It is reported by the BBC that the Welsh Ambulance Service has improved its response times for Category A emergency calls. These calls are targeted to have an ambulance arrive within 8 minutes 65% of the time. The BBC article states that the percentage has been above 65% for the last three months and that the service “shows improvement”.
If you battle your way through the Stats Wales web site you can get the actual data series for this figure and it looks like this.
- Apr 09 – 65.5%
- May 09 – 66.5%
- Jun 09 – 66.7%
- Jul 09 – 63.9%
- Aug 09 – 54.6%
- Sep 09 – 67.1%
- Oct 09 – 66.4%
- Nov 09 – 65.8%
- Dec 09 – 59.4%
- Jan 10 – 58.5.%
- Feb 10 – 65.3%
- Mar 10 – 69.2%
- Apr 10 – 70.5%
Aug 09 doesn’t look so great. I bet they had some explaining to do that month, and the last month is really good. If you look at the last four months there has been a definite improvement. Or has there?
If we take these figures and plot them on a run chart we see this:
We can see that the percentages are up and down month by month. Again Aug 09 is bad and the latest is good. But quite jumpy nonetheless.
Now let’s show the mean on the chart to provide a bit of balance:
That just gives us a bit of perspective. We can see the points bouncing above and below the mean. There are some questions that we can ask:
- Why does it seem so variable?
- Is that variation excessive?
- Where is the variation coming from?
A technique which can help us answer this question is called Statistical Process Control. It gives a method to calculate limits from the data. If the data points lie within the limits then the variation is “common cause” i.e. normal variation due to the system and if points lie outside the limits then the variation is “special cause” i.e. due to some one off circumstance that can be pointed to as a particular cause of a very high or low figure.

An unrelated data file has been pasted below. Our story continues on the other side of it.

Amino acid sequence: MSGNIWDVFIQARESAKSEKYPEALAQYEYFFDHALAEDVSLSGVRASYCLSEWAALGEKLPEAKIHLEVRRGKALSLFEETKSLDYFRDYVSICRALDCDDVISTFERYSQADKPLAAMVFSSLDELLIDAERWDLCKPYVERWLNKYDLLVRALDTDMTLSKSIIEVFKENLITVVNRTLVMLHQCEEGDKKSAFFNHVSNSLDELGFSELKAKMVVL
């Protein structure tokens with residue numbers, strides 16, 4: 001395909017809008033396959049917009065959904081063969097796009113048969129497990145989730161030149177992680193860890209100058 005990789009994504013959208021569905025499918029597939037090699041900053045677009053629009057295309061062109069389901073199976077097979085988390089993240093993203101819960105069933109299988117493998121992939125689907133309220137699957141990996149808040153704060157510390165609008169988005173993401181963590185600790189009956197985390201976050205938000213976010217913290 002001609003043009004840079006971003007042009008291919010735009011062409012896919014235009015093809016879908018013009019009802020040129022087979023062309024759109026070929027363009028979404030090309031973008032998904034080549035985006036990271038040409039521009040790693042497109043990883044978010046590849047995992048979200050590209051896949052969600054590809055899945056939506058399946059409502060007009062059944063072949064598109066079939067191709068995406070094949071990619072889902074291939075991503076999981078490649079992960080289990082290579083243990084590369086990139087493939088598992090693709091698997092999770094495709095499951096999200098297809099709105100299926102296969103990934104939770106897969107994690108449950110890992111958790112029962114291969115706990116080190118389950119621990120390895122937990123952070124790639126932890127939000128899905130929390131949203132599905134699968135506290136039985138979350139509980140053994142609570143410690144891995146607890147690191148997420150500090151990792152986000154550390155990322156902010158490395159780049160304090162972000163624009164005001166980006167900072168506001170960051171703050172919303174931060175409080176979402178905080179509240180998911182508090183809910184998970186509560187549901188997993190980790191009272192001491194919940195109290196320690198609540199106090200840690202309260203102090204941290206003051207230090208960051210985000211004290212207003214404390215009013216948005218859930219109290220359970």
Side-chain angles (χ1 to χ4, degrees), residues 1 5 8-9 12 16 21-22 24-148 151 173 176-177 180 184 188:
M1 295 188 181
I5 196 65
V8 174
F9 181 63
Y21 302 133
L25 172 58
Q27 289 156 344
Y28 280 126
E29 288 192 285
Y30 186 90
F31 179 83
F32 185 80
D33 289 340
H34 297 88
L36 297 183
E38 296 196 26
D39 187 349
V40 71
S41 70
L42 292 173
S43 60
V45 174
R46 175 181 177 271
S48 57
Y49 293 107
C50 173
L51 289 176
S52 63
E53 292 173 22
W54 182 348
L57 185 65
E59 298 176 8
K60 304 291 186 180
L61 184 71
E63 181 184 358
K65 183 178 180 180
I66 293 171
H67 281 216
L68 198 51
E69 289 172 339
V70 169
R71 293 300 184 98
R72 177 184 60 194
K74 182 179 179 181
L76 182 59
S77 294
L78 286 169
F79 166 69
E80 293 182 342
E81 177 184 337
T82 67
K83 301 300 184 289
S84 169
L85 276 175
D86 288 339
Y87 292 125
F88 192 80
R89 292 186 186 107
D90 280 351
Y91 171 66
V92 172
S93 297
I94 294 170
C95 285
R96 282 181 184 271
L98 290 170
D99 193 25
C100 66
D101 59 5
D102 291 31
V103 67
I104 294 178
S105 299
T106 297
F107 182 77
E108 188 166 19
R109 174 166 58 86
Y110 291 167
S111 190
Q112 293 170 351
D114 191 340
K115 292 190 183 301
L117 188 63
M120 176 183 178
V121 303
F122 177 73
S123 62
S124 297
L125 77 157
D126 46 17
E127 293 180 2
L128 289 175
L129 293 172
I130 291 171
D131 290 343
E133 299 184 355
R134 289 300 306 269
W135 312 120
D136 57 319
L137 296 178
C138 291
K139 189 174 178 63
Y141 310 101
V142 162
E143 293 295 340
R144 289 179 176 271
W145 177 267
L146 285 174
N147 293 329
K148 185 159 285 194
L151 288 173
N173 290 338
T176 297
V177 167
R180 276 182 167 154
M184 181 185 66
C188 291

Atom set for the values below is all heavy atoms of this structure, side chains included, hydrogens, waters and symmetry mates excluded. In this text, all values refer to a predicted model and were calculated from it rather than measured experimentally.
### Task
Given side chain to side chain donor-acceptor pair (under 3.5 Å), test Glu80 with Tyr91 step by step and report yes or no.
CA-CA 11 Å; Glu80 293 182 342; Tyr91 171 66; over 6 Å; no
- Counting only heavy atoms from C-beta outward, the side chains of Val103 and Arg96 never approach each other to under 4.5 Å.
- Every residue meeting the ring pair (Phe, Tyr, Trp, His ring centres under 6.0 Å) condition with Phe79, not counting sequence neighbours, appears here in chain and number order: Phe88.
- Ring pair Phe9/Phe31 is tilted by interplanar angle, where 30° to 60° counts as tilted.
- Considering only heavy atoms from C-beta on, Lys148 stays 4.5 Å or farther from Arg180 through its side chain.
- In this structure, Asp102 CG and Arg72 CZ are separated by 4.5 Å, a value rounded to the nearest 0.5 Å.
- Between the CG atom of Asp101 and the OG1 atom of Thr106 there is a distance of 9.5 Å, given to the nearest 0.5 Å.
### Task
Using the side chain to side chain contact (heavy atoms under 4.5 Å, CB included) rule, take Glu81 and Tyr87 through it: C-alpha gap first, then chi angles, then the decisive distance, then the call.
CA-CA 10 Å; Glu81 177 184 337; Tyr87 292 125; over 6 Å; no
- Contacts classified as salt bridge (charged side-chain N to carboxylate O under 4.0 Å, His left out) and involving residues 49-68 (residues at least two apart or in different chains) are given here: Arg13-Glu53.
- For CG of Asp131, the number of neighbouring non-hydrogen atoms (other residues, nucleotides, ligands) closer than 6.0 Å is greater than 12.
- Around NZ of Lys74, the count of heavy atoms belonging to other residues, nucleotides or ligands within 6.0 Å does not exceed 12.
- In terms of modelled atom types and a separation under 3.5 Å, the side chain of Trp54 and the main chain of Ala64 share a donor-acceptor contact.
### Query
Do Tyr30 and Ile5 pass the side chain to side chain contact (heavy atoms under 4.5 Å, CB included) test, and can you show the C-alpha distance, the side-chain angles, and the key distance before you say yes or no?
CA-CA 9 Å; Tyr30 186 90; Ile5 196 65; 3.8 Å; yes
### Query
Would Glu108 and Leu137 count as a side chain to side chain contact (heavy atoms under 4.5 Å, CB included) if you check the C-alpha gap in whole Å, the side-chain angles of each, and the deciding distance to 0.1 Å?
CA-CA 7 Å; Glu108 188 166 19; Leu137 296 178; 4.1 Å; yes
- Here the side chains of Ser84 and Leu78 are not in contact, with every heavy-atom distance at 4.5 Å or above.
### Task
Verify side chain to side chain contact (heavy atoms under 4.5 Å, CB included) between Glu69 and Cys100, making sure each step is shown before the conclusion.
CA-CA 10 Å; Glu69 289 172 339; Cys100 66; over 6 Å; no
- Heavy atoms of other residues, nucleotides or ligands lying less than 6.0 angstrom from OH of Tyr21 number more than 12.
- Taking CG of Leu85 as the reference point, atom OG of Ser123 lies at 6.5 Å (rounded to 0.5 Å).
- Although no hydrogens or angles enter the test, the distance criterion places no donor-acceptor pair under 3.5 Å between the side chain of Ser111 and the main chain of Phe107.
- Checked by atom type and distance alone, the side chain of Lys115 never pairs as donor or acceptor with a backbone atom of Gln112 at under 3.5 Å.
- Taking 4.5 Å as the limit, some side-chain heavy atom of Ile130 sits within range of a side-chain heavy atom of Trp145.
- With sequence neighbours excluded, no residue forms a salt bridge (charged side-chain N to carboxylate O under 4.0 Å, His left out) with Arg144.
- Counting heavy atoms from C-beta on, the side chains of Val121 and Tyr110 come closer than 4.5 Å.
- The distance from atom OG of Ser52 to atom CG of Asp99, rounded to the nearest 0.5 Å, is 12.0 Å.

Let’s apply these limits to our chart.
We can see that all the data points lie within the limits. It is worth emphasising that any data point that lies within the limits is entirely expected and is thus assumed to be due to normal variation within the system.
So we can conclude that the Mar 10 figure of 70.5% is within the limits. There is no special cause and there is no shift in the system and so that month’s figure is nothing special in the same way that the Aug 09 figure of 54.6% is also within the expectations of normal system caused variation.
Therefore the Welsh Ambulance emergency call response rates show no improvement.
In fact next month’s figure would be expected to fall anywhere between the limits of 54.3% and 74.9%. (Perhaps a keen reader could remind me to check up on that!)
So what do the Welsh Ambulance service need to do? They need to change the system to 1) move the average and 2) reduce the variation. It would be good to see a shift like this
Where we can clearly see a change in the system causing not only a shift in the mean but a reduction of variation.
This is the evidence of change that we need, not the clutching at straws that accompanies a month-by-month examination of figures.
But also something worse happens when you can’t judge whether the last month’s figure is due to common variation. If it is good, but within the limits, then the temptation is to congratulate people and to rest on our laurels, while all along nothing has really changed. The opposite case is as bad. If the figure is bad, we go looking to blame someone, to find fault, when again, if it is within the limits it is just due to normal variation. In both cases we are tampering, mistaking common variation for something special and acting on it (congratulating or blaming) when in fact we should just ignore it and look at the system as a whole and how we can change it for the better.
Understanding variation due to a system using the techniques described above is the first step toward taking action that is effective.